Putting together an art show featuring dozens of artists and 53 pieces might be time-consuming, but for Whistler Secondary School art teacher Brenda Norrie, it's worth the effort.
"It's an incredible amount of work putting the show up," Norrie says. "I'd never do it if it weren't for the pay off seeing the kids' work up."
The year-end show at Scotia Creek Gallery will feature pieces from Grades 11 and 12 students in her art class, a few of whom are headed off to study fine arts in the fall. The work ranges from painting, to drawing and photography, and includes artists of different abilities. "Each one does a little artist's statement and some do a few sentences because they don't know what to say," Norrie says. "It's quite a frightening thing to put your work out there because art is so personal. To have to do an artist statement as well is a whole other level of anxiety."
The hands-on experience in a professional gallery is extremely valuable for the budding artists, she adds. "I'm really grateful to Millennium Place that they give us this opportunity and I hope it continues," she says. "I think it's a great marriage between school and community. I get comments all the time from people who have seen the show (in past years). They like to go around and see the artists statements and look at the pieces."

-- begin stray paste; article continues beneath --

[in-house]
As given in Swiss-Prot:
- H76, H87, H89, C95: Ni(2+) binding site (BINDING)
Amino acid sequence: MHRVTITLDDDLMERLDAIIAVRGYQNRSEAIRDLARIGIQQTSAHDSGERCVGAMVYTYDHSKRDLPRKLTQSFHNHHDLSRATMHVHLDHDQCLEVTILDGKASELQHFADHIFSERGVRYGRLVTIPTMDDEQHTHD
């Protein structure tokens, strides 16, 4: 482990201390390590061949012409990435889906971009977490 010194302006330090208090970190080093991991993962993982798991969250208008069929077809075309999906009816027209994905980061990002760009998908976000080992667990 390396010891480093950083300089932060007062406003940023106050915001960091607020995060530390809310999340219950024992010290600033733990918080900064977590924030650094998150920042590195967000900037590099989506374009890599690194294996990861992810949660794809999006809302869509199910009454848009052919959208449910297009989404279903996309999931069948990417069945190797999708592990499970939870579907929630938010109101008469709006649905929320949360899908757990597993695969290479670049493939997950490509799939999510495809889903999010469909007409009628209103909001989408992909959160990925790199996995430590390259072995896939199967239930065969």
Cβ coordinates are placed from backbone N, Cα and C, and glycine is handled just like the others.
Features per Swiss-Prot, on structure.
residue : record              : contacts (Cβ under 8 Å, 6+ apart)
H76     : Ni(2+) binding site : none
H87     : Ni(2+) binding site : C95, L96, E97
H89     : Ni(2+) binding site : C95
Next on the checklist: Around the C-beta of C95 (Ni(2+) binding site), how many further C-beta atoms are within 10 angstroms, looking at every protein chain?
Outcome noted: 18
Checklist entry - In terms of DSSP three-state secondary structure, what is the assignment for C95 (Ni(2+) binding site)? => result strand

This year, students are also helping to install the exhibit, gaining more real life experience in the art world. "I used to do it all myself," Norrie says. "Not only was that a lot of work, but I think it's valuable for them to see how pieces go together and what makes good grouping."
Grade 11 students Derek Hemingson and Vince Zerna hung their two paintings depicting women's faces next to each other alongside other students Tuesday afternoon. "We kind of have a (theme) where we draw girls and it worked out. We had the same idea, but mine is a different concept," Zerna says. "His is futuristic and mine is natural."
Neither was feeling nervous ahead of the opening. "It's pretty cool," Hemingson says. "It's the first time I've seen (my work) in a gallery. It's nice to see them laid out on a wall, professional looking."
While the prospect of showing art in a public group show is exciting for some, it's equally scary for others, Norrie says. "It takes it right into the real world and makes it professional. The fact that they can sell their pieces if they want to, it's terrifying and thrilling at the same time for them. It's art work to show not only to peers, but to the public," Norrie says.
The subjects featured in the art show also vary wildly. This year students have tackled landscapes, abstract art, architectural drawing and portraits in a variety of mediums they learn throughout the semester. "I'm so happy they get this opportunity," Norrie says.
The show was open to the public beginning May 1, but the official reception will take place May 14 at 6 p.m. to coincide with the WSS production of
Footloose, also running at Millennium Place. Work will be displayed until the end of the month.
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